"Did you have a good time in Russia?" The question has many forms, but everyone asks it-"what did you do?" " See?" " How did you spend your time?" I have many answers, for the many questions-but I have to say that it was a good experience. I have "volunteered" all my life, in different places--in schools, churches, wherever I chanced to be, and there's always the chance to be helpful to another being.
My doctor asked if I were sure I was up to this and my answer was that there would be children to work with and that would always be possible. Assigned to paint walls, I did. Whenever that slowed down I could explore the big old building and grounds, clean up a bit, talk to other team members, "talk" to the Russian workers, see the goings-on in the Church School.
There were sometimes 60 children, crowded around tables and sitting on wooden stools before their crafts-for-the-day, just like our American children. One day they were given a new t-shirt to decorate with squeeze paints; one boy had an American flag on his back. One had "U.S." on his, one drew a map of the U.S. Micah drew a monkey in a tree-I called him "Micah Monkey." They learned to 'sign' Jesus Loves Me, something I had to learn. There's a playground with basketball goal, volleyball net, equipment for climbing and there were different kinds of balls. Not much actual structured phys ed, but balls would fly thru the air in different patterns. A plastic Frisbee and a beach ball were favorites, and if we joined in we were welcomed. On the last day the kids were allowed to take the balls home and so they were hoarded and deflated to fit in pockets, so that nobody could debate ownership. Each day they enjoyed crackers and fruit, snacks just like kids here and had small toys and crafts to do and take home. Everything furnished, I suppose, by visiting VIM workers, this year or earlier.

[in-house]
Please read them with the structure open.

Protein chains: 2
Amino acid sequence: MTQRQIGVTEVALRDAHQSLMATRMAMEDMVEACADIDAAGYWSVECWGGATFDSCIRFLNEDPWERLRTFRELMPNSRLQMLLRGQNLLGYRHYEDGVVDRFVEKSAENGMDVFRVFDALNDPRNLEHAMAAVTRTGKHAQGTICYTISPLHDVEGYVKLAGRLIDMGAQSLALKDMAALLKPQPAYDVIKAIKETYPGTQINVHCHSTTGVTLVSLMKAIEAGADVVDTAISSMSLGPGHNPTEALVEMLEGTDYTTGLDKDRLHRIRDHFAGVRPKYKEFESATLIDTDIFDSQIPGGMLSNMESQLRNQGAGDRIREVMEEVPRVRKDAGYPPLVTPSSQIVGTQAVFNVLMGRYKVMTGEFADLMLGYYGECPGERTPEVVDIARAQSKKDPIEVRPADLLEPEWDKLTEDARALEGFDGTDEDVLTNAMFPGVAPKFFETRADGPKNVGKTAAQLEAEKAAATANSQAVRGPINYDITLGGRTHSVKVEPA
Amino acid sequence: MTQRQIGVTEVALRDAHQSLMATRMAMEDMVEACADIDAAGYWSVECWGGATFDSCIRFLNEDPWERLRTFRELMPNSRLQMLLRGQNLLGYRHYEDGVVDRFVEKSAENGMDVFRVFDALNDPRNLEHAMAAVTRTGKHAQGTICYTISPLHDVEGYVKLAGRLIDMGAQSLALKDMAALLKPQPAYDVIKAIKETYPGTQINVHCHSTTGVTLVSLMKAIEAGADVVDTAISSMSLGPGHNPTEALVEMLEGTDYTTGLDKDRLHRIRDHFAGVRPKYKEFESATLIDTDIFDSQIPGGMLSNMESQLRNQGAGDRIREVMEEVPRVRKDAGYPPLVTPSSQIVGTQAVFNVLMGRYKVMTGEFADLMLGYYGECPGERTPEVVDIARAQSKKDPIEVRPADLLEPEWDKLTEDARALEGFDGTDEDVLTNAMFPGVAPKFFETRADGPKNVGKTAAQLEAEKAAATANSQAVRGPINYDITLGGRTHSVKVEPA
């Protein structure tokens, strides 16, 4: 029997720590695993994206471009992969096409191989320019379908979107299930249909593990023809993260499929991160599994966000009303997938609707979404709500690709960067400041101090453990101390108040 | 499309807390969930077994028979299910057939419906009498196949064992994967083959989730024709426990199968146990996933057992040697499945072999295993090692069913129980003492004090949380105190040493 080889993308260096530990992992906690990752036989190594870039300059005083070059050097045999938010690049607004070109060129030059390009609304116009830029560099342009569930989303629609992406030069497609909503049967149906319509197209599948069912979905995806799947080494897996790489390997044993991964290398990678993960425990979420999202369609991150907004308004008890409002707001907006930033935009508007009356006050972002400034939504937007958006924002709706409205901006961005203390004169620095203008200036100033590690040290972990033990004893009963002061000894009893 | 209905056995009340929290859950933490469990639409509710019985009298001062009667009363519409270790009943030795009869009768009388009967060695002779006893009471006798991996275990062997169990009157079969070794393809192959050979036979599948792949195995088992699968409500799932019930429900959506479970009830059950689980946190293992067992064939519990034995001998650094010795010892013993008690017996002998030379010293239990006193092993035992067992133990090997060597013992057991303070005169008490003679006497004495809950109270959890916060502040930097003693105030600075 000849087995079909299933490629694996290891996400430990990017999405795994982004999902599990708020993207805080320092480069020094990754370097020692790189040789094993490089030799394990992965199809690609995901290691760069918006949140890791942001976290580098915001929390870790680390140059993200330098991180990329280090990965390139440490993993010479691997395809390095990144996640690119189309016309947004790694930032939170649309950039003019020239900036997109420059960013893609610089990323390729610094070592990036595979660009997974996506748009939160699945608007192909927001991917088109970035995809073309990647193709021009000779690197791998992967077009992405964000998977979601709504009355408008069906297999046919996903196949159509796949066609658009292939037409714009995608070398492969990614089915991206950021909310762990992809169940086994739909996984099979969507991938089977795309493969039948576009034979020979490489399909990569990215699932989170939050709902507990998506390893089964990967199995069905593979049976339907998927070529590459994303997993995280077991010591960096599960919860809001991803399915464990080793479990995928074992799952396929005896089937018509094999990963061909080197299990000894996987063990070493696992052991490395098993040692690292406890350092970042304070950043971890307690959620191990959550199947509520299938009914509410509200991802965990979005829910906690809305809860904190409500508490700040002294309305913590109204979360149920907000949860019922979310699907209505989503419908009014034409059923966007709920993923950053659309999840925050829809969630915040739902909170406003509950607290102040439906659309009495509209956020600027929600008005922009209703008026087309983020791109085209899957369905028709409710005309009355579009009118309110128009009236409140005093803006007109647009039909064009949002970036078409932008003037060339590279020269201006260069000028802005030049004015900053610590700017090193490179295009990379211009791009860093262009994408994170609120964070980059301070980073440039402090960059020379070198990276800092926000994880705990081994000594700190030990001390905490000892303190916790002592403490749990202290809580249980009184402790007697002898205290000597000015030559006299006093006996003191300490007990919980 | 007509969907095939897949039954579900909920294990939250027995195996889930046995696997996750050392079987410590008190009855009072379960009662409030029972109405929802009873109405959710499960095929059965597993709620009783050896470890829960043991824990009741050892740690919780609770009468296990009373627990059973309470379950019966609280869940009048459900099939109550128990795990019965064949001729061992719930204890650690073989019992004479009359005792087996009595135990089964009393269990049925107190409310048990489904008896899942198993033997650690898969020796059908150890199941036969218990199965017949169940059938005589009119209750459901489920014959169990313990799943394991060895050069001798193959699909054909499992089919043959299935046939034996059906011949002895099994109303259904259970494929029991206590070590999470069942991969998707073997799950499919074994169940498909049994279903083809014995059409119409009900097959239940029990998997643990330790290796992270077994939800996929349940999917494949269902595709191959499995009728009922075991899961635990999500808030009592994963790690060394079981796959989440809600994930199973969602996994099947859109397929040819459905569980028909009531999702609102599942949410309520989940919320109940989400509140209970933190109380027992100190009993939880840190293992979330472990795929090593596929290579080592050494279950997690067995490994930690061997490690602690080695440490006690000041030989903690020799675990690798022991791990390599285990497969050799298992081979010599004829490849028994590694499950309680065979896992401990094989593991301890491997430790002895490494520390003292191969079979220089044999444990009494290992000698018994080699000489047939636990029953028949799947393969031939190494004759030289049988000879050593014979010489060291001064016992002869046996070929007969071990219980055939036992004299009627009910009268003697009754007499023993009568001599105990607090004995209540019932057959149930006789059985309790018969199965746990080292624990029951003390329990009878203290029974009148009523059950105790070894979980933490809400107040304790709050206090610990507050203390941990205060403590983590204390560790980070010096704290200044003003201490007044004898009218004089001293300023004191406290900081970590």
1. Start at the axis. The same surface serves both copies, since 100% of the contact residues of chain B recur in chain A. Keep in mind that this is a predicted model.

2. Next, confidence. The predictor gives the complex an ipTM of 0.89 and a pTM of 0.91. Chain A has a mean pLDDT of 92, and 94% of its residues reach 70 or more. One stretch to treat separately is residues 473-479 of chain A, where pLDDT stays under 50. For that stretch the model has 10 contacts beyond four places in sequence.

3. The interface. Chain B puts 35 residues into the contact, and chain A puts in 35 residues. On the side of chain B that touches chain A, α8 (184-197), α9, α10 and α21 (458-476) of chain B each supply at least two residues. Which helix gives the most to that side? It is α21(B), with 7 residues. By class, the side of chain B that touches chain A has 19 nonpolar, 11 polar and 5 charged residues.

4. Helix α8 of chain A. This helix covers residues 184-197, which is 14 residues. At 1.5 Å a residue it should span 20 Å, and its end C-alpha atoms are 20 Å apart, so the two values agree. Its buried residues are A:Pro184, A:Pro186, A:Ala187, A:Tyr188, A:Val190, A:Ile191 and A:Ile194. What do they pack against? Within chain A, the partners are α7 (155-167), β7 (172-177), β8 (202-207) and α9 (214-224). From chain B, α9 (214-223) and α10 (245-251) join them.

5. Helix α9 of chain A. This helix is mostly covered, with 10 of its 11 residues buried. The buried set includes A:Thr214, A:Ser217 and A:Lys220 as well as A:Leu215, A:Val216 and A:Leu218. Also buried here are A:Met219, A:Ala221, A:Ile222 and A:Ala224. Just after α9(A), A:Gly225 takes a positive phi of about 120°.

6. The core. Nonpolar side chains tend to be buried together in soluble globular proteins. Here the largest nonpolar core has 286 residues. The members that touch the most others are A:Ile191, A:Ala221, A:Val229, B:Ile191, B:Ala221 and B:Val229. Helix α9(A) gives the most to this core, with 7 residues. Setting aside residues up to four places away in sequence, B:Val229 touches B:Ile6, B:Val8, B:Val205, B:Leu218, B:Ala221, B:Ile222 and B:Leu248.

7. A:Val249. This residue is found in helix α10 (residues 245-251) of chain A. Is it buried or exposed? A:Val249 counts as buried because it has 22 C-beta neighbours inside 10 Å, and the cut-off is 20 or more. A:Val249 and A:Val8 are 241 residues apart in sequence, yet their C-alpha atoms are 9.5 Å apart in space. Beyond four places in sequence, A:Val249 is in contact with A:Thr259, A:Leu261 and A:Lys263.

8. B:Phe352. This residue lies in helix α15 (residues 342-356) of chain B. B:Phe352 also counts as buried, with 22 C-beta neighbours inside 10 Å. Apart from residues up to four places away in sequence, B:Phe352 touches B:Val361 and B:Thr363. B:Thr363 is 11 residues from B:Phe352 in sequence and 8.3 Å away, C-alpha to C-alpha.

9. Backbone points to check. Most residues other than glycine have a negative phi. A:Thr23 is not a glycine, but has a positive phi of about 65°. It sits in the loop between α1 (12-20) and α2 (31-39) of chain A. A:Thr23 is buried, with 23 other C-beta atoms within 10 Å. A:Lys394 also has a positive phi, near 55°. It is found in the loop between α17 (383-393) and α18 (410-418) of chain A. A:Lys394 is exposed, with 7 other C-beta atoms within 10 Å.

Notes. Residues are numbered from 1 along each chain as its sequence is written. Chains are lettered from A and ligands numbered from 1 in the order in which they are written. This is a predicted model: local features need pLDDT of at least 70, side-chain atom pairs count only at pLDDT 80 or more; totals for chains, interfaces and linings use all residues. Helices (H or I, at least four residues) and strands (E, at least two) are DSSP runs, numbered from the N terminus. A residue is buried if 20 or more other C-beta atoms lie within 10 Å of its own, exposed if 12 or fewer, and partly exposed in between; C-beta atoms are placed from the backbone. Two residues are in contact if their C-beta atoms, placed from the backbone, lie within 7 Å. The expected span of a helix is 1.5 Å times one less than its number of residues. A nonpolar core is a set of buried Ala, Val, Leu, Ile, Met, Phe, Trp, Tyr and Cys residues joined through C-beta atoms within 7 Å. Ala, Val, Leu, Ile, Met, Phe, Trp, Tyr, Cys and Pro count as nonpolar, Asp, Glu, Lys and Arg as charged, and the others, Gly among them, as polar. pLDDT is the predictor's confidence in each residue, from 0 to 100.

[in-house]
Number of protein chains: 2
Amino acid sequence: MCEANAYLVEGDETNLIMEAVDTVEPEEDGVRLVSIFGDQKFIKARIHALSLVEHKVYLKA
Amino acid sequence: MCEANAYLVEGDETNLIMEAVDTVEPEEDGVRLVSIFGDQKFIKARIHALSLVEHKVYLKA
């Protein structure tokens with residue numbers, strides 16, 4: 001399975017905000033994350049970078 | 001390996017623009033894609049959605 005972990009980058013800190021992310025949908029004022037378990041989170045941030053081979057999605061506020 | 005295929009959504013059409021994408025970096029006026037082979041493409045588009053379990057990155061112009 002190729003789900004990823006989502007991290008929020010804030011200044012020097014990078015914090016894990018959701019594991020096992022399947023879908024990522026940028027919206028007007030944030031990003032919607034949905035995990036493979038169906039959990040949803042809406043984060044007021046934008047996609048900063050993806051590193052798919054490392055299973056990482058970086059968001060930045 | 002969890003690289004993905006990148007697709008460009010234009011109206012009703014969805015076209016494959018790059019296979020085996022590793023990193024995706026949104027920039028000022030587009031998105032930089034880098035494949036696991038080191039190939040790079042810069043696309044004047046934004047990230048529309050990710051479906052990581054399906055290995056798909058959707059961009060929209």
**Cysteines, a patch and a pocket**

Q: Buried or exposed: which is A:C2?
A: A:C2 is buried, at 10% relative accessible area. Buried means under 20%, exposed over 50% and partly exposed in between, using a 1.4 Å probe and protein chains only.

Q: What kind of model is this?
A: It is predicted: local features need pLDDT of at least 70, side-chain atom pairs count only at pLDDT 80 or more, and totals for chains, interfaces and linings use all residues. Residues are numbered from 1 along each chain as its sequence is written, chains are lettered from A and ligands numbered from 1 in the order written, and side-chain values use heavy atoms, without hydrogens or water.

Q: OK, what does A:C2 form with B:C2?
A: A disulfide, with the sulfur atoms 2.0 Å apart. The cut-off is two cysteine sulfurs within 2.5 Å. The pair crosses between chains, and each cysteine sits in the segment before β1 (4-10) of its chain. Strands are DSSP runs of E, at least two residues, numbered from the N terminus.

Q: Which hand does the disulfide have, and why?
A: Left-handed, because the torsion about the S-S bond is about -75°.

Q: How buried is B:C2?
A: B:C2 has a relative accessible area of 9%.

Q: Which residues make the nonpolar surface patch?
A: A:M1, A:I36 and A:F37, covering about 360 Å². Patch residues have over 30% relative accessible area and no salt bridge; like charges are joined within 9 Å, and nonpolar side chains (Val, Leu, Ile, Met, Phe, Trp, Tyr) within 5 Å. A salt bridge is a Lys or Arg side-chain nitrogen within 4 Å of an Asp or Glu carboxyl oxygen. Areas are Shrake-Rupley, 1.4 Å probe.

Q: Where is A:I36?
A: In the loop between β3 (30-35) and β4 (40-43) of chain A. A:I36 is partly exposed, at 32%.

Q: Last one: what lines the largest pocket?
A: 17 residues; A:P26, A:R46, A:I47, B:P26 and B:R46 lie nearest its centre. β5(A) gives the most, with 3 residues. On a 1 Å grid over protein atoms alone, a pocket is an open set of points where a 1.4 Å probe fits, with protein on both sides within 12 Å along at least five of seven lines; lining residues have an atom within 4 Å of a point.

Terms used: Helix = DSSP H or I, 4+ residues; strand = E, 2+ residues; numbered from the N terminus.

A weed-whacker, brought by previous VIM, was used on the dirt playground where there were foot-high weeds, no grass.
Children are children, I find, in states and countries other than mine, and they are happy to be taught new things. One little Hyperactive's hands were constantly in his next-door neighbor's craft making and constantly being restrained from "helping", just like home. Some would sing willingly, some had to be coaxed into participating, some were shy and some outgoing. The language barrier was always there, but our being helpful and interested could overcome any barrier. And watch out for the smiles!